There are several mistakes investors make when with business start-ups in Ghana. Find below six costly business start-up mistakes investors make:
1. The mistake of having several objects; one company
- Many foreign investors and generally several business start-ups begin their commercial enterprise with the view of using one entity as a launch pad to invest in several areas of business. The company’s code 1963, Act 179, Section 27 (1b) requires that all persons incorporating a business clearly indicate the objectives of the business. It is common to see companies incorporate one business entity in Ghana with several activities as its objectives. For example, a company can have mining, tourism, manufacturing, general trading, import, export and many more as its objectives. It is mostly the view of the project promoters to explore opportunities in a number of these investment areas, thereby adding on several additional objects under one company. The resulting effects on their business compliance is high cost and bottlenecks in the processes. All businesses in Ghana depending on their objectives or nature of business have peculiar set of compliance, authorizations and permits to obtain before business commencement. Adding-on several objectives therefore means that you will be required to comply with several other compliances, meet a higher capital threshold and have a higher tax assessment than you would have ordinarily met if it had been just your main project (one or two projects/areas of investment you intend to start with). In our consulting and compliance experience, we have realized that in most cases when people indicate 3 to 4 different projects or sectors of investment in their company objectives, they are most likely equipped to start with only one project, and then later expand into those other areas.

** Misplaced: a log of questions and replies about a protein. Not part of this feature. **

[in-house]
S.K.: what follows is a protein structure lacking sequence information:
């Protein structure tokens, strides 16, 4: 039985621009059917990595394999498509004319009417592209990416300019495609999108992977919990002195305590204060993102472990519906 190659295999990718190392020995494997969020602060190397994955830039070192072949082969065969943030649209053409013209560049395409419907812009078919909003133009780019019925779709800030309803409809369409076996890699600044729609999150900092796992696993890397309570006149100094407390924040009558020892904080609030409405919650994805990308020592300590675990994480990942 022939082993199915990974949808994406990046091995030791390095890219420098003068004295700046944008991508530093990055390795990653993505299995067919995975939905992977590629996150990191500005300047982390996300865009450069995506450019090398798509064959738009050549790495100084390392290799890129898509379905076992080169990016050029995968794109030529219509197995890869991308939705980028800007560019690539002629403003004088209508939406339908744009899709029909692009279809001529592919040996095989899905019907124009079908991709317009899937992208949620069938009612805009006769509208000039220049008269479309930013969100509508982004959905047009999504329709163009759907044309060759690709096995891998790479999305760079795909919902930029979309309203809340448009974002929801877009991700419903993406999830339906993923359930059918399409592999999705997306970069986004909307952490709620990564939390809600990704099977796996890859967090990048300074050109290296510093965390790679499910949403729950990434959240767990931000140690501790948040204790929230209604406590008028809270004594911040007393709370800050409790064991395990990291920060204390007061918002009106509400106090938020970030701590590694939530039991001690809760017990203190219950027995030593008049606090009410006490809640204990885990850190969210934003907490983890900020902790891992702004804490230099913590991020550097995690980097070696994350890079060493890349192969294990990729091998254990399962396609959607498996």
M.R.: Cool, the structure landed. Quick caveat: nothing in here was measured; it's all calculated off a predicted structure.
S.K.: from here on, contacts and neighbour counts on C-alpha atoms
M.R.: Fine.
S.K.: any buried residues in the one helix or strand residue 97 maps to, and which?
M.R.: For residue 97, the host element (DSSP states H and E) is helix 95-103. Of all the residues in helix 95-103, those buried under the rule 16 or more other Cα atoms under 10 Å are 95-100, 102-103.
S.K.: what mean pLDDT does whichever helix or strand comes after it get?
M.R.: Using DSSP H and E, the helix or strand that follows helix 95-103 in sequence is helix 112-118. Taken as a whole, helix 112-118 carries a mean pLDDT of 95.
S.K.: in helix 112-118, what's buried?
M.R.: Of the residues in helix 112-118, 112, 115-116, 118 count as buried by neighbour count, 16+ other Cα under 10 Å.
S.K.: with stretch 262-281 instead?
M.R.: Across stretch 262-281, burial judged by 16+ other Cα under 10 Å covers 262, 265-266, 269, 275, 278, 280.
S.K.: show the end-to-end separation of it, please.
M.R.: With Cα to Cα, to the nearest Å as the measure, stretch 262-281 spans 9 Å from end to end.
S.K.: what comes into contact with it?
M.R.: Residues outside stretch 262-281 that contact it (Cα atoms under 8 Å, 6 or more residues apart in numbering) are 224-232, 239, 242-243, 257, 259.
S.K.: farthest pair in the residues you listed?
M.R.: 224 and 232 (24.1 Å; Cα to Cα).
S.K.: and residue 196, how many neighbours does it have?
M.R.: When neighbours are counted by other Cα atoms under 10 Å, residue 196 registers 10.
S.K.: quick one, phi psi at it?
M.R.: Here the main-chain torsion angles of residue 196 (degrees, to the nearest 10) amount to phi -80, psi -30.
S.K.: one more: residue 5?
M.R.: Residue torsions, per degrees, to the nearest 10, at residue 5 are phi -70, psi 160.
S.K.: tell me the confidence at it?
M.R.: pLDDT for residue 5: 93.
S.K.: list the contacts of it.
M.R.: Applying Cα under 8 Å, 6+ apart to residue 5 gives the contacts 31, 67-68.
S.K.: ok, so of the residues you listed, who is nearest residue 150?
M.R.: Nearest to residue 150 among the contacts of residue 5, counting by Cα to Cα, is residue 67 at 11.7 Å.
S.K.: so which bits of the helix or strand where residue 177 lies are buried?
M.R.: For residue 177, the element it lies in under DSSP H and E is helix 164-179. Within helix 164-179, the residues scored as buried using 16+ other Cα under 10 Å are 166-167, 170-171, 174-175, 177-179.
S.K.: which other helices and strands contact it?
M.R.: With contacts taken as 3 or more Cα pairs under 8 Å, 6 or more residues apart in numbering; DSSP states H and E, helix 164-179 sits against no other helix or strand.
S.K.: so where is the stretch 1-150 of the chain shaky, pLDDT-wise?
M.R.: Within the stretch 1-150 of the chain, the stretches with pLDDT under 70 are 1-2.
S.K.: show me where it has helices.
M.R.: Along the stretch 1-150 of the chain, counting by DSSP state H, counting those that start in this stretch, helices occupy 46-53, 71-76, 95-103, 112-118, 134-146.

Our advice is, before you incorporate your business in Ghana; clearly outline the business you want to do. Streamline the activities so that they are interrelated, possibly in the same value chain in the same sector, rather than several different activities in several sectors. Also, have different companies for different activities in different sectors. This will help reduce bottlenecks, cut down costs, lower capital threshold, lower tax assessment etc.
2. The mistake of Transferring equity into a personal account
Some years back, one of our foreign clients had come to Ghana to invest in an already operational resort, came to us requiring our services to register his business with the Ghana Investment Promotion Centre (GIPC). During the early years of his project, he had done a lot of transactions during the land acquisition, construction and civil works phases using his own personal accounts for the inflow of foreign equity transfers. He converted a chunk of the equity inflows outside the banking system and did several other transactions through third-party accounts. You can only imagine the frustrations he had, trying to get the money spent to be registered as his initial capital. Eventually, we managed to help resolve this issue but it wasn’t without delay in the project and increased cost of the project.